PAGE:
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So What is a wine tour?

It recently dawned on me that the jargon used day to day, makes perfect sense to me, but not necessarily for everyone - and maybe as a result, I might be missing some potential customers!

So bringing things back to basics is the aim with this blog to either inform, educate or simply to dispel the wrong ideas and make coming on a wine tour with us even more appealing!

You can be someone that has never had a drop, to a complete expert, the experience for every single person on the planet is a different one - Unique to you! How cool is that?

A wine tour is a learning experience. So if you don't know anything about wine before you go, that's OK. While most wine tours are filled with other people who want to learn, it's easy to feel intimidated the first time you attend one. Knowing the proper way to taste wine may give your confidence a boost but don't worry, most hosts and winemakers are more than happy to talk to you about their craft and answer any questions you have (There are NO silly questions!)

Typically on a Wine Tour, you will visit 4-5 vineyards and/or cellar doors or wineries, whichever you prefer to call them! Each one will be different from the one before, whether that's because of location, different grape varieties or simply the winemaker.

When you enter the wine tasting room or cellar door, your host will greet you with several samples of wine. The host will pour one sample and describe both the smell and the taste. Hold the glass up to the light and notice the color. A bright, clean color signifies quality. Tilt the glass slightly to the side. Younger wines will maintain uniform color throughout, while older wines will lose their coloring and become translucent close to the rim.

Smell the wine before drinking. The scent of vinegar or prunes signify that something went wrong with the aging process. The wine is either too acidic (vinegar scent) or has been exposed to air and has oxidized. Wine that has oxidized will develop a prune-like scent and an off taste similar to cough syrup. Smells of flowers, vanilla, coconut, oak and even toasted bread all signify quality wine.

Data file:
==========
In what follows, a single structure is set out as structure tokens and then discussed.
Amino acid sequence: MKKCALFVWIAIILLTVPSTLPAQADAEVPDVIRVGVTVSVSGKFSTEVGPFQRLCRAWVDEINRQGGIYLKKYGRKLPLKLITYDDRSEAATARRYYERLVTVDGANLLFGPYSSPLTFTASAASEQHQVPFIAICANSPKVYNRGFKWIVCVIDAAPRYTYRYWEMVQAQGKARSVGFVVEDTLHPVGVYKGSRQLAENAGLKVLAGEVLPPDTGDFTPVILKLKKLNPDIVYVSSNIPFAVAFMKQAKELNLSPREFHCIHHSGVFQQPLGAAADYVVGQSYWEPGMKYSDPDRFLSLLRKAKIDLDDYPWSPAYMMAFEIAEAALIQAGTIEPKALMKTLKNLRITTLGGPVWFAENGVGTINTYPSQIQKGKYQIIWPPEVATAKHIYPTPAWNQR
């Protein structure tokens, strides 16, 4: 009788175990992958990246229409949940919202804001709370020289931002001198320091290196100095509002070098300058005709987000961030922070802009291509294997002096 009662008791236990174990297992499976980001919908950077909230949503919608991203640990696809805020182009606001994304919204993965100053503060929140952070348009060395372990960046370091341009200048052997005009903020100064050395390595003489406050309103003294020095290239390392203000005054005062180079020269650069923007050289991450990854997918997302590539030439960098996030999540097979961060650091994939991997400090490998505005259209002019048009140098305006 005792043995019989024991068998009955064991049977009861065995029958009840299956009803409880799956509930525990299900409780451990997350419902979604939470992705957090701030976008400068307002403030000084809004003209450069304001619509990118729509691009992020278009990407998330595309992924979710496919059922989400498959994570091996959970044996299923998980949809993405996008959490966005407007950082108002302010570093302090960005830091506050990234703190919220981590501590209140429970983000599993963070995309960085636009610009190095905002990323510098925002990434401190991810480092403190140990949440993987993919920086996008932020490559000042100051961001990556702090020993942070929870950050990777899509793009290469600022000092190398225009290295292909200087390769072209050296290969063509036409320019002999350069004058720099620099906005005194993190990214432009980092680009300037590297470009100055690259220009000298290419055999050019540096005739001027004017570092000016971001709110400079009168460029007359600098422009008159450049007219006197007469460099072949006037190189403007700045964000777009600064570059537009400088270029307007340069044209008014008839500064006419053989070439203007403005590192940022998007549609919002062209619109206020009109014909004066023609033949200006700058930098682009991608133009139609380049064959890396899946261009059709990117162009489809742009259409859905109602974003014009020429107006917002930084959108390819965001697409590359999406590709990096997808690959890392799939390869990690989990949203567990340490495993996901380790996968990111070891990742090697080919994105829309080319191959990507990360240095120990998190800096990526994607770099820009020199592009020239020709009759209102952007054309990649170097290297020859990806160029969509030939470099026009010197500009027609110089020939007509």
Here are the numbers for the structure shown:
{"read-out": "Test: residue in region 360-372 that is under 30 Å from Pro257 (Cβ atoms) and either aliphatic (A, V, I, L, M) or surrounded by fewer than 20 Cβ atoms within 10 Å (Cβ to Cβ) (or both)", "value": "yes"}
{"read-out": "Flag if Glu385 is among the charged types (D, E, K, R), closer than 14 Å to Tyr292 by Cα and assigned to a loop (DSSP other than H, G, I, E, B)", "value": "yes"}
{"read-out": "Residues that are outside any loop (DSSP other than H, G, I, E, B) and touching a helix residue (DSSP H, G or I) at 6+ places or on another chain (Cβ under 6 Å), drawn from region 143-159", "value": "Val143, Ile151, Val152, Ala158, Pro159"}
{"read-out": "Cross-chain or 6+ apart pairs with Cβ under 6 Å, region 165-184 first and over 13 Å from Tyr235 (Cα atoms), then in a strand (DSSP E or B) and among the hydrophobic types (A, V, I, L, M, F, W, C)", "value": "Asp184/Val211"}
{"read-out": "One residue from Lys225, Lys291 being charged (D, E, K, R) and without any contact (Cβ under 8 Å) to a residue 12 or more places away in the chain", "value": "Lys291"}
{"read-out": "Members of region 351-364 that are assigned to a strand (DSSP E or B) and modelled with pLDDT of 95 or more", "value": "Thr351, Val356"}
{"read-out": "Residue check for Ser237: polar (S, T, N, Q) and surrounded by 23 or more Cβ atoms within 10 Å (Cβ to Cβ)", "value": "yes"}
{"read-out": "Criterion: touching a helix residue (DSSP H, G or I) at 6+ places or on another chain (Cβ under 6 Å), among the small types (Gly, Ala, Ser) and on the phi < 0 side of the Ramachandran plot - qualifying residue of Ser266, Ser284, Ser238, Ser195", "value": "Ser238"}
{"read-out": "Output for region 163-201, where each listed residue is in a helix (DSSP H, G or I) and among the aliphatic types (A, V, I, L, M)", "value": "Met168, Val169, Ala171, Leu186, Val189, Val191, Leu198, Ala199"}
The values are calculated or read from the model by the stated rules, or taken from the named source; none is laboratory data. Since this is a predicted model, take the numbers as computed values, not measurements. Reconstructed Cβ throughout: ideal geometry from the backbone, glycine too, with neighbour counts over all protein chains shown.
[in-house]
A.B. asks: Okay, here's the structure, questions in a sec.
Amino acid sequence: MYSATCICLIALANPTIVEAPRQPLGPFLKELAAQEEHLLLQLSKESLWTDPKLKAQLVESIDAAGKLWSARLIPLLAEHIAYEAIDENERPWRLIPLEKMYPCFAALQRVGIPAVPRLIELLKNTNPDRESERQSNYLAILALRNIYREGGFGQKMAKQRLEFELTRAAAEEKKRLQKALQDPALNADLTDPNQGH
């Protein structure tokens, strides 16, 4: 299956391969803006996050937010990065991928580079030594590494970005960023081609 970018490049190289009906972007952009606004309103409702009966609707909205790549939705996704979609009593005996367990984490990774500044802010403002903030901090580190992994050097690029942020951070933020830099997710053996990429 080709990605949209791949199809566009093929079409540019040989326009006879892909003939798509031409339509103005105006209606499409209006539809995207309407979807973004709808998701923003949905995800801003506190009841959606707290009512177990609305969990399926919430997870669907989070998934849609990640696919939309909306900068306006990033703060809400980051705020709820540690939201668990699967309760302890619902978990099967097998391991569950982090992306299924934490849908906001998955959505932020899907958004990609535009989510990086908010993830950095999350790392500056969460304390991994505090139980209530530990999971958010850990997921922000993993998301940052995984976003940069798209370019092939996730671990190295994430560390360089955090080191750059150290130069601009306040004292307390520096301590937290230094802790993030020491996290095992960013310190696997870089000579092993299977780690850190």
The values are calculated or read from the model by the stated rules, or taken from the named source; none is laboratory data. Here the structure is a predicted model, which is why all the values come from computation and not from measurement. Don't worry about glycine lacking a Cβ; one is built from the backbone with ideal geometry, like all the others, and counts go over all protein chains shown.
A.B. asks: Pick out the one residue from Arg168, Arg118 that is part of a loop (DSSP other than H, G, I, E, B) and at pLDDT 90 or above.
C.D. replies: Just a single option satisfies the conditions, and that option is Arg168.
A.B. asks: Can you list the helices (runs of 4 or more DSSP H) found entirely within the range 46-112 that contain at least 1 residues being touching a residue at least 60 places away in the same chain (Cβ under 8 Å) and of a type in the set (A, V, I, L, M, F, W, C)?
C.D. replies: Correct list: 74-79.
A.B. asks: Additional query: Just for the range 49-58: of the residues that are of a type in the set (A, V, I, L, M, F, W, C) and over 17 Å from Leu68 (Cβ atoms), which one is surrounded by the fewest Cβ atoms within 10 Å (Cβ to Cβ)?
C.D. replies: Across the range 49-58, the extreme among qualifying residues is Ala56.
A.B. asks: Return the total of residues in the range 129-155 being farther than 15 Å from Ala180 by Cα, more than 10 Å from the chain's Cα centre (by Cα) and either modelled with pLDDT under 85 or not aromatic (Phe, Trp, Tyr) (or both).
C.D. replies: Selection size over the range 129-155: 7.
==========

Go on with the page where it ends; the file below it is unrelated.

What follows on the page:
Take a small sip of the wine and let it spread through your mouth. Concentrate on the different flavors of the wine. Listen to how the host describes the flavor and compare that to how it tastes in your mouth. (Again it is your experience)

Next comes the part that many people find awkward: Do you swallow the wine or spit it out? - Hmm, for me there's no question here! Swallow!!! but either is perfectly acceptable. They'll be spitting buckets available if you choose not to drink.

Over the course of one day, a person on a guided wine tour may end up sampling 12 to 18 different wines, but they aren't full glasses - you can measure by rule of thumb, 4-5 tastings equals about 1 standard drink in Australia.

The host will begin the tasting by offering samples of dry white wines and move to dry reds. The dessert and other sweet wines are saved for last. Wine tours are great fun, and there's no reason to worry about a stuffy atmosphere. If you show up prepared to learn and are interested in broadening your wine tasting horizons, you're sure to enjoy yourself.

It's not wanky, it's really a perfect way to spend the day with a group of friends, family or work colleagues, learning about the different varieties of wine, seeing different vineyards and meeting a broad range of amazing and often quirky wine-makers! Mixed with a delicious lunch, great company and more often than not, a fun vibe, you really should just book a tour and find out for yourself!

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